Don’t use it, don’t need it, but should it come with? Stick to these packing rules and you won’t end up taking your junk with you.
Is it Still Wearable?
If you still wear it, your children still wear it or your younger children could wear it in the future, take them with you! But don’t discount items you haven’t worn for years. That tux that still fits, which hasn’t seen the light of day since your brother’s wedding, could still come in handy for future formal occasions. The onesie, however, that granny bought you, is one for the charity, recycling or eBay pile. If you’re moving to a different climate, consider putting clothes you won’t have a need for into storage.
Is There a Place Waiting for Your Furniture?
Measure all your furniture, if it will serve a purpose in your new home and fit into it, take it with you. If it doesn’t suit the new place think about whether it could be painted or reupholstered to make it work. If upcycling isn’t an option, don’t waste money on taking it over there. Sell it or assign it to the charity shop. As William Morris once said; ‘Have nothing in your house that you do not know to be useful, or believe to be beautiful.’
Should You Leave Those Appliances Be?
If your white goods are several years old and showing some malfunctions, it’s best to invest in new. If they are still in good nick they should survive the move. Just make sure that they are disconnected and reinstalled as per the instructions. If the previous owner is leaving the fridge freezer, you could still take your own one and place it in the garage where it will be useful for over spill or to stock up on party favourites for upcoming gatherings.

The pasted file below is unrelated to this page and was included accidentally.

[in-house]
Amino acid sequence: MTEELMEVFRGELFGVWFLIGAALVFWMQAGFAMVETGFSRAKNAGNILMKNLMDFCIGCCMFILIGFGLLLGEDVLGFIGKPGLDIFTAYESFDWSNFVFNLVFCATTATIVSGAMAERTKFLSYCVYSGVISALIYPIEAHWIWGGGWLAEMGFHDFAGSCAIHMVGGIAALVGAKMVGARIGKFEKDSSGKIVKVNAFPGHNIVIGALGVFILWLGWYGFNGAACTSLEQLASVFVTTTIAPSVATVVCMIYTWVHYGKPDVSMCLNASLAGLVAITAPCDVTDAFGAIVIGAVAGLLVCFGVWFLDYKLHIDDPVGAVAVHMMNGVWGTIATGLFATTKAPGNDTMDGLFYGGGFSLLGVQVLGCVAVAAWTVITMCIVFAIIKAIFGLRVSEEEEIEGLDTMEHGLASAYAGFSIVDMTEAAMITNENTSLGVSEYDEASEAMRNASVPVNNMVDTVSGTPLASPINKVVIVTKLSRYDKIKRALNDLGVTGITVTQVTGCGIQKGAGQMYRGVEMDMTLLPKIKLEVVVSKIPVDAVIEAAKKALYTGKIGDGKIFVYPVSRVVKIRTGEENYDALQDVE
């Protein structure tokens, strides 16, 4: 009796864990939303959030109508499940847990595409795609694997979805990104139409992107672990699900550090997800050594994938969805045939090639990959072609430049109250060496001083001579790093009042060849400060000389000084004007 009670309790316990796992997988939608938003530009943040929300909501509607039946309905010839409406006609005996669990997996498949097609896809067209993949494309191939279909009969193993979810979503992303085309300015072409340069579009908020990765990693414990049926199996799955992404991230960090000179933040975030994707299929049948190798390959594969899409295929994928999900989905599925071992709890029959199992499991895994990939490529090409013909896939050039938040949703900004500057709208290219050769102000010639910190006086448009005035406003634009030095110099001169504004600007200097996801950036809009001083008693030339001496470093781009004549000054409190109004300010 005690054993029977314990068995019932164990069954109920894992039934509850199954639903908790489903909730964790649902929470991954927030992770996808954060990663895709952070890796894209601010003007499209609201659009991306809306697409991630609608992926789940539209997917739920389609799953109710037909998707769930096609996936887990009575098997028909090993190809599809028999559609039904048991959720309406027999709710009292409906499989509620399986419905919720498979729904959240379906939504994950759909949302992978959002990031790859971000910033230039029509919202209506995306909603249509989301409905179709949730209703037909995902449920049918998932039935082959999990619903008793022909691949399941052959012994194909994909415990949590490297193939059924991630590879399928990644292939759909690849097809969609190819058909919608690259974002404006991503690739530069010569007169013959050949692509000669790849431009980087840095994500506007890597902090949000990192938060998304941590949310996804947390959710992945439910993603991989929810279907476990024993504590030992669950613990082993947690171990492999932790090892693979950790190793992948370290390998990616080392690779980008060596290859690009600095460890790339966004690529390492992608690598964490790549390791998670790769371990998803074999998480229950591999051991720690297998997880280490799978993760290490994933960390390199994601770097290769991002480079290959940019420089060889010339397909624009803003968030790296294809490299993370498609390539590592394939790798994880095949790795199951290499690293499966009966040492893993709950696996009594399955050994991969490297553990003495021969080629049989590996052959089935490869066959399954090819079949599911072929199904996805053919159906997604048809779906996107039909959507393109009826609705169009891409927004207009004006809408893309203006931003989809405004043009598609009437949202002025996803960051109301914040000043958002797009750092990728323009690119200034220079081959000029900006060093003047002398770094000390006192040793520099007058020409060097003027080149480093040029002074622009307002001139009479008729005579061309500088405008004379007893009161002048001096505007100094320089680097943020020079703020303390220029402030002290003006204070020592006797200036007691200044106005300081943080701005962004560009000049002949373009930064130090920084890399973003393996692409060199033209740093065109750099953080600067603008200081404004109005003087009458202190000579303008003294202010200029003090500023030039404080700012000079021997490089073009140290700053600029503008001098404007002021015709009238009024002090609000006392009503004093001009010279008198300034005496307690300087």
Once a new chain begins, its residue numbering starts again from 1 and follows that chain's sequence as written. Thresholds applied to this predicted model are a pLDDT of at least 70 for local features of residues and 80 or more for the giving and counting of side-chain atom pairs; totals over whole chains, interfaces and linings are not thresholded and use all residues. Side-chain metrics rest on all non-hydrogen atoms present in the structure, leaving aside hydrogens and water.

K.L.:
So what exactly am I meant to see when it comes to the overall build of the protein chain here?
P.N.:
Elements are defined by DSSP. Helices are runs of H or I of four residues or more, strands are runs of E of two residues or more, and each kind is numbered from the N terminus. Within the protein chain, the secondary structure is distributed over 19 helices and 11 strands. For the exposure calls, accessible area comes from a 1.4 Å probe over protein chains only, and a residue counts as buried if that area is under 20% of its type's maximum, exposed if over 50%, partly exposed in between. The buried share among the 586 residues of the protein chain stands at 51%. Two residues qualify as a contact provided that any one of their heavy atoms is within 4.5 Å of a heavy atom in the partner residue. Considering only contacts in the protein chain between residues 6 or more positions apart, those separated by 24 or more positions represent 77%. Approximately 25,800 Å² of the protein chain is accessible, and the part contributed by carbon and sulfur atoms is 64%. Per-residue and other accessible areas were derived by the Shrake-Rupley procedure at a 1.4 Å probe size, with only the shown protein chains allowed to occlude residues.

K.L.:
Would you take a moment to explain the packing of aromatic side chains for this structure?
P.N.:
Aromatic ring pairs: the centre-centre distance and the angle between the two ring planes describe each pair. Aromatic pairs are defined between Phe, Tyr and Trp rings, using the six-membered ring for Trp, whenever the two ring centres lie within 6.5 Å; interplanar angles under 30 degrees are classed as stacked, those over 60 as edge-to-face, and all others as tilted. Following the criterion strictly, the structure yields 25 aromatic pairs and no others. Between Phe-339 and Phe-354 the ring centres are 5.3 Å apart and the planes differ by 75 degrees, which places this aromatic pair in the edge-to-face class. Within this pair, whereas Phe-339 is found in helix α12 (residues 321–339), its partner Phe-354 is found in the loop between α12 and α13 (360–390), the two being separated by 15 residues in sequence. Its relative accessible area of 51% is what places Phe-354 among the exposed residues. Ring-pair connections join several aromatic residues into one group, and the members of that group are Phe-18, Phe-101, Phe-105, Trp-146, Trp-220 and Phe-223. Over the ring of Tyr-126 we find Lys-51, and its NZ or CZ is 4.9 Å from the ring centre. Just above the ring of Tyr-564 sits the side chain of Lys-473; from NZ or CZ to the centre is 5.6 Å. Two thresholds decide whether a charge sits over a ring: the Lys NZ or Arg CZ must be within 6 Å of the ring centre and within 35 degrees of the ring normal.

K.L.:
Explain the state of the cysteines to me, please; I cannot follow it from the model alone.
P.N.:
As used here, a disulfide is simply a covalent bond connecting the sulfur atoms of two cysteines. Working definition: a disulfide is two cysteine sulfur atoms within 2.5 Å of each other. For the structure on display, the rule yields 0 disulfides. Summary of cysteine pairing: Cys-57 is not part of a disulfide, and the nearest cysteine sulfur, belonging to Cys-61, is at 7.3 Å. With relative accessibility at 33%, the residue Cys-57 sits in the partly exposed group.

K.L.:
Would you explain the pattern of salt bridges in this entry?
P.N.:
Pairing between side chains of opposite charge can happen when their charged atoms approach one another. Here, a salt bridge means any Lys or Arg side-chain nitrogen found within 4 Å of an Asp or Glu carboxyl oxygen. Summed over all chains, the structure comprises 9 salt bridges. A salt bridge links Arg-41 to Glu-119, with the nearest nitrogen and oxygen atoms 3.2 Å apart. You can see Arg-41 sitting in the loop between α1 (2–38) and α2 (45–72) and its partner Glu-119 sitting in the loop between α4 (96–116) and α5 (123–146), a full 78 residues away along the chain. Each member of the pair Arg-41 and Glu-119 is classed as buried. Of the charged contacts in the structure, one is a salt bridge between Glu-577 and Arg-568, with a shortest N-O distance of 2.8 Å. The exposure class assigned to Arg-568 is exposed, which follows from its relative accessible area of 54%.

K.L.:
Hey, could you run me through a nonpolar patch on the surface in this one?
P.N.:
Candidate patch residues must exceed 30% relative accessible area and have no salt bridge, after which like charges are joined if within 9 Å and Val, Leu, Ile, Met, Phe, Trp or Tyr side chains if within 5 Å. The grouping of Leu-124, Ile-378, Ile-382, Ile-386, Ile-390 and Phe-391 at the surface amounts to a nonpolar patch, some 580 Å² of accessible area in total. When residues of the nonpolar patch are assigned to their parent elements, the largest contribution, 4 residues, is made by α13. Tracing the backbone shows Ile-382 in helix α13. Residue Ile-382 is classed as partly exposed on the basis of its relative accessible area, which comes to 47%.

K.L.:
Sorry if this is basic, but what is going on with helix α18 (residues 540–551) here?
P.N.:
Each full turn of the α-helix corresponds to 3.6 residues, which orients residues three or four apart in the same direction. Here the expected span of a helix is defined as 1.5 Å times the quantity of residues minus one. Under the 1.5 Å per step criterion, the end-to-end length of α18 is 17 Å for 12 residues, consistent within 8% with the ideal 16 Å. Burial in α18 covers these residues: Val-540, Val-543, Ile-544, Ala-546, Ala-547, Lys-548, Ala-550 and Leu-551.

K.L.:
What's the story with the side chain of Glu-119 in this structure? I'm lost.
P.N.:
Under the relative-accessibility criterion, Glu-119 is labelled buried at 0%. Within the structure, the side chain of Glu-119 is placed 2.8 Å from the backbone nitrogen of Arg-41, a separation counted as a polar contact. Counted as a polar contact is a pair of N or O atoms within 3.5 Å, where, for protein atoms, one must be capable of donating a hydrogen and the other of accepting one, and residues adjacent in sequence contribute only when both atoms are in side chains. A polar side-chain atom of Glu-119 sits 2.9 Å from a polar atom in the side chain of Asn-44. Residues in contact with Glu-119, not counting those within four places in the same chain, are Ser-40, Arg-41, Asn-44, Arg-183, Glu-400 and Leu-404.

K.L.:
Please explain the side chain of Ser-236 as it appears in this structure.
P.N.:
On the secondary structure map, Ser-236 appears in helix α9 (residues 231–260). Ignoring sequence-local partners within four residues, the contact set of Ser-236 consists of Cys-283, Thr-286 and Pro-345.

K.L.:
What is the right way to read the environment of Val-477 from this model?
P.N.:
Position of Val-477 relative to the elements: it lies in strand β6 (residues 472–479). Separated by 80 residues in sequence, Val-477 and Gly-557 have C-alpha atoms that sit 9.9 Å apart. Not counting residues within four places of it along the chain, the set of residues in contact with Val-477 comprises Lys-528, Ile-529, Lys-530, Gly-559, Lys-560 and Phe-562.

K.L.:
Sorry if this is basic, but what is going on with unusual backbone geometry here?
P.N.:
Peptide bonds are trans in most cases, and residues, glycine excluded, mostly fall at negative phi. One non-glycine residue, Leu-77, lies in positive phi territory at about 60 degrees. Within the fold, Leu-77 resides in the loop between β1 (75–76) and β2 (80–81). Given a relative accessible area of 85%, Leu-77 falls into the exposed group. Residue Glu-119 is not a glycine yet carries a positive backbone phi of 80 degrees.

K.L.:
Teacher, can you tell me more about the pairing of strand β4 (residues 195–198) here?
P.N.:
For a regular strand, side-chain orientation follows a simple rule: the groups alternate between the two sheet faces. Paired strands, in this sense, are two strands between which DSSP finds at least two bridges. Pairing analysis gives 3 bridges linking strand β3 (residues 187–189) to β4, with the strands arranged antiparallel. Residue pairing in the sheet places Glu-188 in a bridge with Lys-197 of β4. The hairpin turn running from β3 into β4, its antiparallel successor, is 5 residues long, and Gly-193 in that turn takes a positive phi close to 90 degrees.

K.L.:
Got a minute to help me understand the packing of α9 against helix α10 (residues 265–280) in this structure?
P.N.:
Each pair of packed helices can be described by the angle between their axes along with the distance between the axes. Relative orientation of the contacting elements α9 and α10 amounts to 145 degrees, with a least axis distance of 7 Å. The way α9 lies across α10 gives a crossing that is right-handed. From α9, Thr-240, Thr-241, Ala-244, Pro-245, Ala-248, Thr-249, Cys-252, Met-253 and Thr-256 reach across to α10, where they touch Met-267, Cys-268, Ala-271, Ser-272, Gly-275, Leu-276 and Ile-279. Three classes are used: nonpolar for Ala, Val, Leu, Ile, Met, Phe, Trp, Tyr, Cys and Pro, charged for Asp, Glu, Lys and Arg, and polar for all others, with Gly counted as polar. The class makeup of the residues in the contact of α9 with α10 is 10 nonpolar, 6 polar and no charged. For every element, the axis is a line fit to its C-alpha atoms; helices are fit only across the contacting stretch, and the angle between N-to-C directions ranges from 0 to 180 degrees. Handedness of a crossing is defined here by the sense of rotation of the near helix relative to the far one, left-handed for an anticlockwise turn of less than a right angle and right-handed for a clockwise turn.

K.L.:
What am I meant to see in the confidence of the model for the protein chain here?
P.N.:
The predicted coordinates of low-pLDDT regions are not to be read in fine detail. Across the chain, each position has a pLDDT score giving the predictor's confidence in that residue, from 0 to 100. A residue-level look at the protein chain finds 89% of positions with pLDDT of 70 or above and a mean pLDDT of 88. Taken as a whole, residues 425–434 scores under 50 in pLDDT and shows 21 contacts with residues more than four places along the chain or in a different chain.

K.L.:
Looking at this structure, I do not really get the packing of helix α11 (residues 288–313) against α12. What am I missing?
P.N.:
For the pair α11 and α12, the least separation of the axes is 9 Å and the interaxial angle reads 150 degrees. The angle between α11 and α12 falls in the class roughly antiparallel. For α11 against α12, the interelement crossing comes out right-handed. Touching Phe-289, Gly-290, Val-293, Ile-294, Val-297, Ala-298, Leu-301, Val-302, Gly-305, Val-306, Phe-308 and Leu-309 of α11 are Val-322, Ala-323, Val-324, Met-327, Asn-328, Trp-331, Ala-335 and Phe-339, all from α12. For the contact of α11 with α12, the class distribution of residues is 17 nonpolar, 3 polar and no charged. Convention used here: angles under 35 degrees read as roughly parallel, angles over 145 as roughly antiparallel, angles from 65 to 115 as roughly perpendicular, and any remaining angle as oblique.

Still Watch, Listen or Read?
When it comes to records, tapes, CDs, DVDs, photo albums and books, the music, movies, programmes, stories and information that these all hold can be relatively easy to transfer onto a hard-drive or the Cloud; or they may be available for download on an eBook or on a streaming service. If space in your new place is tight, it’s definitely worth moving at least some of your library into a virtual system. And, if some items no longer interest you and have no sentimental or aesthetic value, it’s time to sell or donate them. Don’t get rid of everything though as they will help to fill your new bookshelves and make your new place feel much more like home.
Reduce the Paper Pile
Birth and marriage certificates, medical details, policies, loan documents, warranties and financial records need to move with you. For UK tax purposes, however, you can now keep records digitally, so to cut down on clutter it’s worth saving bank statements and receipts in this way where possible. This is also a good time to send those piles of old birthday cards and invitations to the recycling bin, only keep select pieces with sentimental value.
Lotions and Potions
Starting with the bathroom cabinet, only take those toiletries that you use and that are within the use-by date. Apply the same rules to the cleaning cupboard, the shed and the garage. You will have no use for congealed paints, the dredges of furniture polish and ancient insect repellent. Dispose of these items and expired medicines safely according to the government guidelines.